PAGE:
Action Against Desertification

Empowering women through land restoration in village communities


In its intervention model, the consultation and discussion framework set up by Action Against Desertification (AAD) actively encourage communities to establish a community management committee (COGES) for the restoration sites. The representative of the committee oversees and mobilizes communities for collective activities such as planting, sowing and maintaining the plots. AAD recommended having at least a woman in the COGES. This has given an opportunity in some villages for women to step forward, be considered and have their say in the restoration activities.

Mariam Bamogo concretely represents AAD's desire to ensure a place for women in COGES. Aged 25, she is from Bandiedaga Gourmantché, a village of 300 inhabitants in the rural commune of Seytenga.

Bandiedaga Gourmantché, like the surrounding villages in the Northern region of Burkina Faso, has been subject to recurrent droughts, continuous land degradation, decline of crop yields and livestock, accelerated in recent ten years. These villages are located in the selected Great Green Wall areas in Burkina Faso and were identified to benefit from AAD restoration interventions. Action Against Desertification supports the implementation of GGW in six countries and aims to promote sustainable land/forest management and the restoration of degraded lands and landscapes.

Mother of three children, one of them in a young age, Mariam Bamogo was content to help her farmer-husband in the family field before the implementation of the AAD activities. However, due to degradation and decreased productivity, the land no longer allows to adequately feed the family. Before the project, her status as household wife did not allow her to consider any other additional income generating activity, as such opportunities are very limited in rural villages.

“When the AAD project started, with community consultation and information sessions, it was clear that men and women have to work together to address the challenges of land degradation. This was beneficial for the women of the village and a clear opportunity, especially for me”, she explain.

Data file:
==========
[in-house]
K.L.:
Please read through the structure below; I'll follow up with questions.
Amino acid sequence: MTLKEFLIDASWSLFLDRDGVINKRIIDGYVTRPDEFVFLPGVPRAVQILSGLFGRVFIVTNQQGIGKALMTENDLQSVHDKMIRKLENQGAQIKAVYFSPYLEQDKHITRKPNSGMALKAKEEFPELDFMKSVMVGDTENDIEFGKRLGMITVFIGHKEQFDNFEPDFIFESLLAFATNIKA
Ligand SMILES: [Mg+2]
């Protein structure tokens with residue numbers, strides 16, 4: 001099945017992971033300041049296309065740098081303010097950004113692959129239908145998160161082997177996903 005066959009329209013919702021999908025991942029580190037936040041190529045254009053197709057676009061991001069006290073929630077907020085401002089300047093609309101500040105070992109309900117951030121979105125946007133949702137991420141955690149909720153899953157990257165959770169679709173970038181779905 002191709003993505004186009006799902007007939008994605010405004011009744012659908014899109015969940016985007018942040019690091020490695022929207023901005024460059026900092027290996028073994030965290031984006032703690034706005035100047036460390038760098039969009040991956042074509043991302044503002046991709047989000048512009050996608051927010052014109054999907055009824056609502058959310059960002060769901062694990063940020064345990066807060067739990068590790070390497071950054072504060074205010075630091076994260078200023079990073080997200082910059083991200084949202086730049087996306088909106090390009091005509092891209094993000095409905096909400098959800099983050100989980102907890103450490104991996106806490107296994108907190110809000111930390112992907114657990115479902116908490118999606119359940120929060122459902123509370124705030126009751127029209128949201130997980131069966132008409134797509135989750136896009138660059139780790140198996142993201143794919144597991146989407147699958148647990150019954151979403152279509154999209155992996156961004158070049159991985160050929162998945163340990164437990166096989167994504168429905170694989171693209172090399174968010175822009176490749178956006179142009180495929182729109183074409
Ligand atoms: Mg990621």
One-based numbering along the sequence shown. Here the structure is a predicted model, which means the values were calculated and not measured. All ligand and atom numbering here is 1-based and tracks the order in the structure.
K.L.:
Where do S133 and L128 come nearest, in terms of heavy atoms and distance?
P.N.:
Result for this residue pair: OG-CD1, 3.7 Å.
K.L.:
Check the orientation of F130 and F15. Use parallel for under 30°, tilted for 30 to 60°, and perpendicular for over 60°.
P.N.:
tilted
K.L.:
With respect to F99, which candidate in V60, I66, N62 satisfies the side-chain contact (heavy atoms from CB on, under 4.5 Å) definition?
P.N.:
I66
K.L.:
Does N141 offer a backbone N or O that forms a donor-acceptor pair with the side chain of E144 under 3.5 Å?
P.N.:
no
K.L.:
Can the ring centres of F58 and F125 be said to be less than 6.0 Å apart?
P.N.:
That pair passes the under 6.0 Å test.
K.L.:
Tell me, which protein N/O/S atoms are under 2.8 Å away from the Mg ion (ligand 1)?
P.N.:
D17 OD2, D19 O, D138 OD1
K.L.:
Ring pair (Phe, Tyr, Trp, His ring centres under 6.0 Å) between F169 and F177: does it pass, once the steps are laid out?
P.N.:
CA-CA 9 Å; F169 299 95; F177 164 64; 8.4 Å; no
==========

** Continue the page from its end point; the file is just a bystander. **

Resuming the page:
"I was able to convince my husband to let me join the Management Committee as the village women's representative. As such, I contribute and stand at assemblies at the same level as men, I speak on behalf of women to express their concerns and ensure that they are taken into account. As a result, I have acquired a status of leader in my community, which has more respect for me” says Mariam.

From a one hectare plot within an AAD restored site, Mariam produced 4 bags of groundnuts for the first campaign in 2017 that she sold at 30,000 CFA francs (or 60 USD, equivalent to 3/4 of Burkina’s monthly minimum wage). For the second campaign in 2018, she produced sesame seeds collected and sold for 35,000 CFA francs (or 70 USD). For the current campaign (2019), she hopes to produce at least one bag of sesame, two bags of peanuts and two bags of cowpea. Part of it will be sold to meet the school tuition and other needs and the rest will be kept for the family's own consumption. “Thanks to the AAD project, which restored bare lands, I have regained dignity because I can participate in and contribute to social events using the income I earn, by bringing soap for births celebration and small financial contributions for funerals in the village” she says.

AAD project has empowered the women of Bandiédaga Gourmantché, through their active participation in the management committees and in restoration activities including direct sowing, planting and maintenance, alongside men. This synergy of actions has made it possible to obtain strong impacts on the ground, including increased agricultural and fodder production, and some plant and animal species have even started to come back.

Action against desertification through large-scale restoration activities has successfully restored 15,000 hectares in 412 villages in the provinces of Seno and Soum. The project is currently restoring 26 hectares of degraded land in Bandiédaga Gourmantché village after initial land preparation using the Delfino plough and direct seeding and planting of woody and herbaceous plants, training beneficiaries in rainwater harvesting and soil conservation practices. The example of the women of Bandiédaga is edifying case. Women have become empowered fighting to restore soil to improve agricultural production, generate additional income to support their families and thus achieve food security